Friday, 9 February 2018

Life stories: Karen Olsdotter Preststulen (1845-1924)

Karen Olsdotter Preststulen was my great-great-great-grandmother. And she is very special to me, because she was known to me since childhood. My grandfather Frode used to tell the story of how Karen walked across the mountains from the Gudbrandsdalen valley and settled in a village by the Trondheim Fjord.

It was a tale of mental and emotional strength and bravery, as well as a symbol of the physical strength and stamina found in our bloodline. Both my father and my grandfather are exceptionally strong men. My grandfather's uncle, Johan Fredrik Dahle, worked as a circus strongman in his youth and was regarded as the strongest man in the Nordic countries. He could lift 1200 kgs on his back.

The parish of Vågå

Everyone in my family always knew that Karen came from the parish of Vågå, in the upper part of Gudbrandsdalen in Oppland county. The name Gudbrandsdalen means "Gudbrand's Valley", and is connected to a 11th century chieftain, Gudbrand of the Valley, who was converted to Christianity by king Olaf II (St Olaf) in the year 1021. The valley is actually a huge landlocked region comprised of one main valley and several side valleys, and vast mountain areas including Norway's (and Northern Europe's) highest peak, Galdhøpiggen, at 2469 meters above sea level. The region is home to a population of wild reindeer, which are the last of the original mountain reindeer of Europe.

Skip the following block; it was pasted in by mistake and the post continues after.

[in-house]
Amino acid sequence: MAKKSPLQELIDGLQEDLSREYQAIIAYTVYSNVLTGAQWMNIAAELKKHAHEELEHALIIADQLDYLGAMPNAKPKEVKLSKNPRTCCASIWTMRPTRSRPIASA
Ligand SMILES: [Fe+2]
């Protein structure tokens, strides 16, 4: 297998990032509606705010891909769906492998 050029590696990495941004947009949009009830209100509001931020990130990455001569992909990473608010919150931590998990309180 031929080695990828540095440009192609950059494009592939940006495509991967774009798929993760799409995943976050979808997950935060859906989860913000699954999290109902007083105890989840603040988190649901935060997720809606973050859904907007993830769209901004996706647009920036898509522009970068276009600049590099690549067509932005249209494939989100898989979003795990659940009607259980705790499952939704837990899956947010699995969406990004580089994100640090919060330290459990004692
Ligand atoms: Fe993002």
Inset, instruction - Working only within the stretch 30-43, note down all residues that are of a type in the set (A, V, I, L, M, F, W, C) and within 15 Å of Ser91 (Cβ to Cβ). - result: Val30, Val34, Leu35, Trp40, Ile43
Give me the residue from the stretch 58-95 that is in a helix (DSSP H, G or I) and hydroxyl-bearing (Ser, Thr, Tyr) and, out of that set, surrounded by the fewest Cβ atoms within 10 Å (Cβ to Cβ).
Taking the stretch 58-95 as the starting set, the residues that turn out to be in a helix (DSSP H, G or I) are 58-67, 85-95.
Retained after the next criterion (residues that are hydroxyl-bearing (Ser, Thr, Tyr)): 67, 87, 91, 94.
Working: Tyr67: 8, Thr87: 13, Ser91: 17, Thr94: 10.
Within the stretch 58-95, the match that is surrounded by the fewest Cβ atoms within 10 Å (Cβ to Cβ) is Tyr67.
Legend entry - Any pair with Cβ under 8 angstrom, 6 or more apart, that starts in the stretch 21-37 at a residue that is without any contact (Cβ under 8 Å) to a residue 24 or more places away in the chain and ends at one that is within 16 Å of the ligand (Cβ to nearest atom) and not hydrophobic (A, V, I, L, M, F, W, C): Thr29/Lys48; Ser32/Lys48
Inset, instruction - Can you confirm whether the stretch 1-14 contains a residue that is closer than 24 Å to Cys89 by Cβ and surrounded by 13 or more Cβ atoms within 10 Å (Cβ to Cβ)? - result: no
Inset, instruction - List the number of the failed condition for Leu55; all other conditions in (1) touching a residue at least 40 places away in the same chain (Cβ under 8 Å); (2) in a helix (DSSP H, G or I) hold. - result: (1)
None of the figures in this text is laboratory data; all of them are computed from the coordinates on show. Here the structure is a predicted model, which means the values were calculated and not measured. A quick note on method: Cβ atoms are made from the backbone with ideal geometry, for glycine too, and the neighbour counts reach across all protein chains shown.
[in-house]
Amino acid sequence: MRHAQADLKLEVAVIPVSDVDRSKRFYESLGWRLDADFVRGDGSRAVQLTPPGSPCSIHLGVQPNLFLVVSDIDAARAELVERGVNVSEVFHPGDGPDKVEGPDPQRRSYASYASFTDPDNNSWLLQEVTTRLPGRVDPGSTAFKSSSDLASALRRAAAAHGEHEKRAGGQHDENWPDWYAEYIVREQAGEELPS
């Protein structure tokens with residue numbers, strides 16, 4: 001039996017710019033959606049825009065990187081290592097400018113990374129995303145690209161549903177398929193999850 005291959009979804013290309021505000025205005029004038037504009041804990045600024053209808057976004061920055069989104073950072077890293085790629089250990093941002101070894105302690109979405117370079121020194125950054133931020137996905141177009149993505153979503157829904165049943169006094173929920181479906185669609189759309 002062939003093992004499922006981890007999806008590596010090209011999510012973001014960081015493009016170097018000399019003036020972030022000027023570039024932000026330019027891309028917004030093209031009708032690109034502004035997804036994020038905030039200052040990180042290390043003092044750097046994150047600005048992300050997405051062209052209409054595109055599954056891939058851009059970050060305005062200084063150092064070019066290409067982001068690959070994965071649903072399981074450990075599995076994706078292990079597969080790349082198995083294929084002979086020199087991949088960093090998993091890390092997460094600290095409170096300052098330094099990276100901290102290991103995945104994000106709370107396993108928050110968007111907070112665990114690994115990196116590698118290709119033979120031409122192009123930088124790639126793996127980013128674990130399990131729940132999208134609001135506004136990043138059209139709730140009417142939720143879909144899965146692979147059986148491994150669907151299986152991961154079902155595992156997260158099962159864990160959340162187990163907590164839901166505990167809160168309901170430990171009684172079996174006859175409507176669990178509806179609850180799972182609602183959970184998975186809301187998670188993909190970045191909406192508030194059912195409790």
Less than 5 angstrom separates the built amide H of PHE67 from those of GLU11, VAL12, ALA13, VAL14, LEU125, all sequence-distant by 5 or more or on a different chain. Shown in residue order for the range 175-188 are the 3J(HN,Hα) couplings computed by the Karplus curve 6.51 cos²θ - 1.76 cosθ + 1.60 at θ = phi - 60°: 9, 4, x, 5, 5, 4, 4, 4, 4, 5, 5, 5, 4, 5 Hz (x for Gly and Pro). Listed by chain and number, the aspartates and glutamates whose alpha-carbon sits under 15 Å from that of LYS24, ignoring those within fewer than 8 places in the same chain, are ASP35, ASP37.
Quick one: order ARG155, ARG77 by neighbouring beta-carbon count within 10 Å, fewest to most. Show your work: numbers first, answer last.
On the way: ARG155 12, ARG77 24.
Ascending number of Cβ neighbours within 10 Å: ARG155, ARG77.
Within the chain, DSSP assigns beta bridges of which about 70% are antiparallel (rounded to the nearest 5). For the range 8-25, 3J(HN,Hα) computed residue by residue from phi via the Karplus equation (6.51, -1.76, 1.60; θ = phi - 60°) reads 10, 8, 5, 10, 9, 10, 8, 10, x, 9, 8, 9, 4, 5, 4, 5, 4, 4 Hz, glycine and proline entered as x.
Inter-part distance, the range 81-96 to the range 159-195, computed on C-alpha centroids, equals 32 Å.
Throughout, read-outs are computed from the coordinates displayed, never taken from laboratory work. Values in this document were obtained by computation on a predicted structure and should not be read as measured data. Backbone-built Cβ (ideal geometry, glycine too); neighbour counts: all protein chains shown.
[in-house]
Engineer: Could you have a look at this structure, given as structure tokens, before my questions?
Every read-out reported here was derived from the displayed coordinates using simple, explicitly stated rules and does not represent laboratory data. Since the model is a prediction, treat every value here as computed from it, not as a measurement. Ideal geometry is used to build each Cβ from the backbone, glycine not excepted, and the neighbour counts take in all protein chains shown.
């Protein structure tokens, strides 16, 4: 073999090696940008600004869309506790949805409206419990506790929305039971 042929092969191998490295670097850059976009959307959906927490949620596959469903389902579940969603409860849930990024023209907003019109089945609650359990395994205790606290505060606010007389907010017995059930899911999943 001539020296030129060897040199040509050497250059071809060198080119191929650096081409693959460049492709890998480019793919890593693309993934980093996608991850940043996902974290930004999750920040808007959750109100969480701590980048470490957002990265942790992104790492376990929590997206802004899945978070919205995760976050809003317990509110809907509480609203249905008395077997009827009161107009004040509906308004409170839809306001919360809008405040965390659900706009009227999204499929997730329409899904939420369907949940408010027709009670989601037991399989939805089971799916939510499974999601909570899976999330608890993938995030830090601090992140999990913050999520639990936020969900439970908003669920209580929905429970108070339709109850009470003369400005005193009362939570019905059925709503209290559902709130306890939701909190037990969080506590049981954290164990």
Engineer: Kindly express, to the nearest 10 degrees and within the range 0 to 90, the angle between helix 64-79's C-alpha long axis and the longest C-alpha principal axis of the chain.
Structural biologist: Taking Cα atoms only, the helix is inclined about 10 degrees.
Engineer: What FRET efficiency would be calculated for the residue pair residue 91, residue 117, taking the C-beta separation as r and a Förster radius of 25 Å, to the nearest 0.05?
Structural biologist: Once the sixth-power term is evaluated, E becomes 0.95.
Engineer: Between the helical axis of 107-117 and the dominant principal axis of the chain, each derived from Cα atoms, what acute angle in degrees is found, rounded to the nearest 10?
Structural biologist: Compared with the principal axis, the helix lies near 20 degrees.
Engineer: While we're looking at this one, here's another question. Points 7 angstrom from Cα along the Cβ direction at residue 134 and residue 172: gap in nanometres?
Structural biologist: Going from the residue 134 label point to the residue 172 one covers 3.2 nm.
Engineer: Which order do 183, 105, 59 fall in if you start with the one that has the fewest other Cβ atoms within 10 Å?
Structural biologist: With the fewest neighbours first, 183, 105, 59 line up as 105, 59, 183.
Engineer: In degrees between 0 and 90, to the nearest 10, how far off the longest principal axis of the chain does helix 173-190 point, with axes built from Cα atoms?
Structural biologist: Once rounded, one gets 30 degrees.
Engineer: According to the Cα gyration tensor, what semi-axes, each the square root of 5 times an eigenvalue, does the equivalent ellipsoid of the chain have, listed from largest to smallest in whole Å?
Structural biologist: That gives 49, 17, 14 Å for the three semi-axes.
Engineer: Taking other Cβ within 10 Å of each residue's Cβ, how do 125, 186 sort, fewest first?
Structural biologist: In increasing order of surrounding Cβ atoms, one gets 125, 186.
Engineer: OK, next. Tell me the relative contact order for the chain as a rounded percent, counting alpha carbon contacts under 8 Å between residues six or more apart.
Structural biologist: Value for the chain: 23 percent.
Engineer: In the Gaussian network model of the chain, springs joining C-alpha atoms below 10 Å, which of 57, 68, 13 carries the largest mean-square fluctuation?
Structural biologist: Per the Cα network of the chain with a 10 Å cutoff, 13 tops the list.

Gudbrandsdalen consists of many municipalities and villages, but is usually divided into three main subregions: The southern valley (Sørdalen), the middle valley (Midtdalen), and the northern valley (Norddalen). The northern valley is the uppermost subregion, and also the geographically largest and most mountainous; it is physically divided between the main valley of Gudbrandsdalen in the east, and the large side valley of Ottadalen in the west.

Vågå, Karen's home parish, is located right in the middle of Ottadalen, where the river Otta widens out to form the large and beautiful Lake Vågå (Vågåvatnet). The main village of Vågå is high up, remote, and traditionally hard to access, yet the landscape is fertile and welcoming. Vågå is known for being a conservative society in the sense that certain ancient traditions and historical memories have been preserved longer there than in other areas; it is also known for being socially stratified, and has (in)famously been dubbed "the most aristocratic village in Gudbrandsdalen".

Ottadalen between the villages of Vågå and Lom, looking west towards Lom. Photo by me, 2017.

Karen's background

Karen was born on December 18, 1845, at the farm Preststulen, which is located in a small side valley seven kilometers northwest of the main village of Vågå, at a high altitude of about 820 meters above sea level, almost exactly on the tree line. In very old times, the farm used to belong to the church and must have been used as a summer pasture for the vicarage's livestock. This history is remembered in the very name Preststulen, which means "The priest's summer pasture". The first known mention of the farm in historical sources is from the year 1668, but our family was not yet living there at that time. Today there are several very old timber buildings still standing on the farm; the old main house from the 18th century, as well as a small building for drying crops, which is the oldest building on the farm (but its exact age is unknown). These are all listed structures, maintained by our distant cousins living at Preststulen today.